Philipp Philipp - 5 months ago 43x
Java Question

Avoiding high CPU usage with NIO

I wrote a multithreaded gameserver application which handles multiple simultaneous connections using NIO. Unfortunately this server generates full CPU load on one core as soon as the first user connects, even when that user is not actually sending or receiving any data.

Below is the code of my network handling thread (abbreviated to the essential parts for readability). The class

is my own class which does the network abstraction for the game mechanics. All other classes in the example below are from

As you can see it uses a
loop. My theory about it is that when a key is writable,
will return immediately and
is called. But when the handler returns without writing anything, the key will stay writable. Then select is called again immediately and returns immediately. So I got a busy spin.

Is there a way to design the network handling loop in a way that it sleeps as long as there is no data to send by the clientHandlers? Note that low latency is critical for my use-case, so I can not just let it sleep an arbitrary number of ms when no handlers have data.

ServerSocketChannel server =;
server.socket().bind(new InetSocketAddress(port));
Selector selector =;
server.register(selector, SelectionKey.OP_ACCEPT);
// wait for connections

// Wait for next set of client connections;
Set<SelectionKey> keys = selector.selectedKeys();
Iterator<SelectionKey> i = keys.iterator();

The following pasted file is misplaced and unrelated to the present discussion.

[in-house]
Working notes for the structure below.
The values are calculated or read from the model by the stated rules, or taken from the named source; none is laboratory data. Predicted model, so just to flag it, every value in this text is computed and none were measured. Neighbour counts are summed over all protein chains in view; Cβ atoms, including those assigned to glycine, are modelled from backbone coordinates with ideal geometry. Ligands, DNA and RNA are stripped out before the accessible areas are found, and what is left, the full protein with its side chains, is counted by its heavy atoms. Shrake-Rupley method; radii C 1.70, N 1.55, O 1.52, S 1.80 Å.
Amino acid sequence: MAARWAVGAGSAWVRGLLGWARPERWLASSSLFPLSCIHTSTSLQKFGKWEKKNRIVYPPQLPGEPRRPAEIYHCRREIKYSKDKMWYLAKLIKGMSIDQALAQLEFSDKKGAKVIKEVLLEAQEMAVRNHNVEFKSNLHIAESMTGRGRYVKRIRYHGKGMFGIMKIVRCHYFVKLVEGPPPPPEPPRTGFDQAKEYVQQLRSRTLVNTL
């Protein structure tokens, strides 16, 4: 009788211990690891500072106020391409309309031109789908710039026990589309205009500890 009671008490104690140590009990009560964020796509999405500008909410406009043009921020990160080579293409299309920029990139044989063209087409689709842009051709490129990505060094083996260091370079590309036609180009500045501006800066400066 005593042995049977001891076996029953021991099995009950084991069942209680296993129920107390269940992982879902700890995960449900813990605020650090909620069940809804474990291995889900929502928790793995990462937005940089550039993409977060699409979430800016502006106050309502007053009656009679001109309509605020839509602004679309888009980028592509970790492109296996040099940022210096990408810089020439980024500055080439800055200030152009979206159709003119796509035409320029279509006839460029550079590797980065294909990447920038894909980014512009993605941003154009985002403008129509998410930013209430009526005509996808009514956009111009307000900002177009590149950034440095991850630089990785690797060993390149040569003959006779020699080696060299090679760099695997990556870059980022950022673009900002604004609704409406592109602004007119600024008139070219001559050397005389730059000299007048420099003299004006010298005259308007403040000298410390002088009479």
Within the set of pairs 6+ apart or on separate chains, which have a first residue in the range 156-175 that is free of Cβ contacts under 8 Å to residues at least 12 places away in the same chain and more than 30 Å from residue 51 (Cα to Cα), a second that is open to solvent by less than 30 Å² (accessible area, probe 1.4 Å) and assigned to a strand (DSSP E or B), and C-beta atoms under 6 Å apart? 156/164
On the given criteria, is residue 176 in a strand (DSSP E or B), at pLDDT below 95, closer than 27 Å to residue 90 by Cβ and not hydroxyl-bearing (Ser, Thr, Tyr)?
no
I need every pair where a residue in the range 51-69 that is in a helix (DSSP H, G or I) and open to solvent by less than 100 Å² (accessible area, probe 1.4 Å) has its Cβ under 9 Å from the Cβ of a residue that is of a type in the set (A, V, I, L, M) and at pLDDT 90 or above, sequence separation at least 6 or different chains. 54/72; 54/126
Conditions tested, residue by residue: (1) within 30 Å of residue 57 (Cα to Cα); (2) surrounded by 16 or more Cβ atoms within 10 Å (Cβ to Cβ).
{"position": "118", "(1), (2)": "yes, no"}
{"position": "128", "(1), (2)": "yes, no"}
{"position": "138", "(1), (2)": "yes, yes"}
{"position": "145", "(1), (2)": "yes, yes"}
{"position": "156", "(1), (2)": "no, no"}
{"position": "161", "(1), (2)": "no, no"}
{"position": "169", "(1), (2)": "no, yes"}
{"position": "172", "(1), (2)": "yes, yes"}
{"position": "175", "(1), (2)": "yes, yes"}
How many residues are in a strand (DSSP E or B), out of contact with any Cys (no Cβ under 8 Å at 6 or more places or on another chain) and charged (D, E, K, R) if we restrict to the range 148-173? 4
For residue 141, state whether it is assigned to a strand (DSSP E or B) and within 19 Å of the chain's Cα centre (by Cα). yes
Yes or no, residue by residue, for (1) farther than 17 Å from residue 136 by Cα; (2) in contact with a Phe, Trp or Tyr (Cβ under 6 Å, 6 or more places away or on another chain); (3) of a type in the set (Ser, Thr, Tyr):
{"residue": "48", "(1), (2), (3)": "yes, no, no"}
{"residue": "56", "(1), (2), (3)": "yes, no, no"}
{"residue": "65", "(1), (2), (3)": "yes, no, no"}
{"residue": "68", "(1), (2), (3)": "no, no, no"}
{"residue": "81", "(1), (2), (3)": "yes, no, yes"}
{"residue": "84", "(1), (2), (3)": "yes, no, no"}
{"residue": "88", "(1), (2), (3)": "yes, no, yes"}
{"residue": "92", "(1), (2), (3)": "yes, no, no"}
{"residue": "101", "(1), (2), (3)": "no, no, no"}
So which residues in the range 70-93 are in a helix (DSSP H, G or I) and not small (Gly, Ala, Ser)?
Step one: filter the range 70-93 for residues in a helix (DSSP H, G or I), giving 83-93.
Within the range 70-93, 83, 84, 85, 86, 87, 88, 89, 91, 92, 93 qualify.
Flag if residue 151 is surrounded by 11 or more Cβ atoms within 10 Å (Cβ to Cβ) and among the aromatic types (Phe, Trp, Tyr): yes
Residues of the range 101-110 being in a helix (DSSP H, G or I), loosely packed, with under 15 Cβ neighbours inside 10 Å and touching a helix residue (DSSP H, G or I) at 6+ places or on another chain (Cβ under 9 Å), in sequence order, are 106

while (i.hasNext()) {
SelectionKey key =;

if (key.isAcceptable()) {
SocketChannel clientChannel = server.accept();
SelectionKey clientKey = clientChannel.register(selector, SelectionKey.OP_READ | SelectionKey.OP_WRITE);
ClientHandler clientHanlder = new ClientHandler(clientChannel);
if (key.isReadable()) {
// get connection handler for this key and tell it to process data
ClientHandler clientHandler = (ClientHandler) key.attachment();
if (key.isWritable()) {
// get connection handler and tell it to send any data it has cached
ClientHandler clientHandler = (ClientHandler) key.attachment();
if (!key.isValid()) {
ClientHandler clientHandler = (ClientHandler) key.attachment();


I don't see any reason why the reading and writing must happen with the same selector. I would use one selector in a thread for read/accept operations and it will always be blocking until new data arrives.

Then, use a separate thread and selector for writing. You mention you are using a cache to store messages before they are sent on the writable channels. In practice the only time a channel would not be writable is if the kernel's buffer is full, so it will rarely not be writable. A good way to implement this would be to have a dedicated writer thread that is given messages, and sleeping; it can be either interrupt()ed when new messages should be sent, or using a take() on a blocking queue. Whenever a new message arrives, it will unblock, do a select() on all writable keys and send any pending messages; only in rare cases will a message have to remain in the cache since a channel is not writable.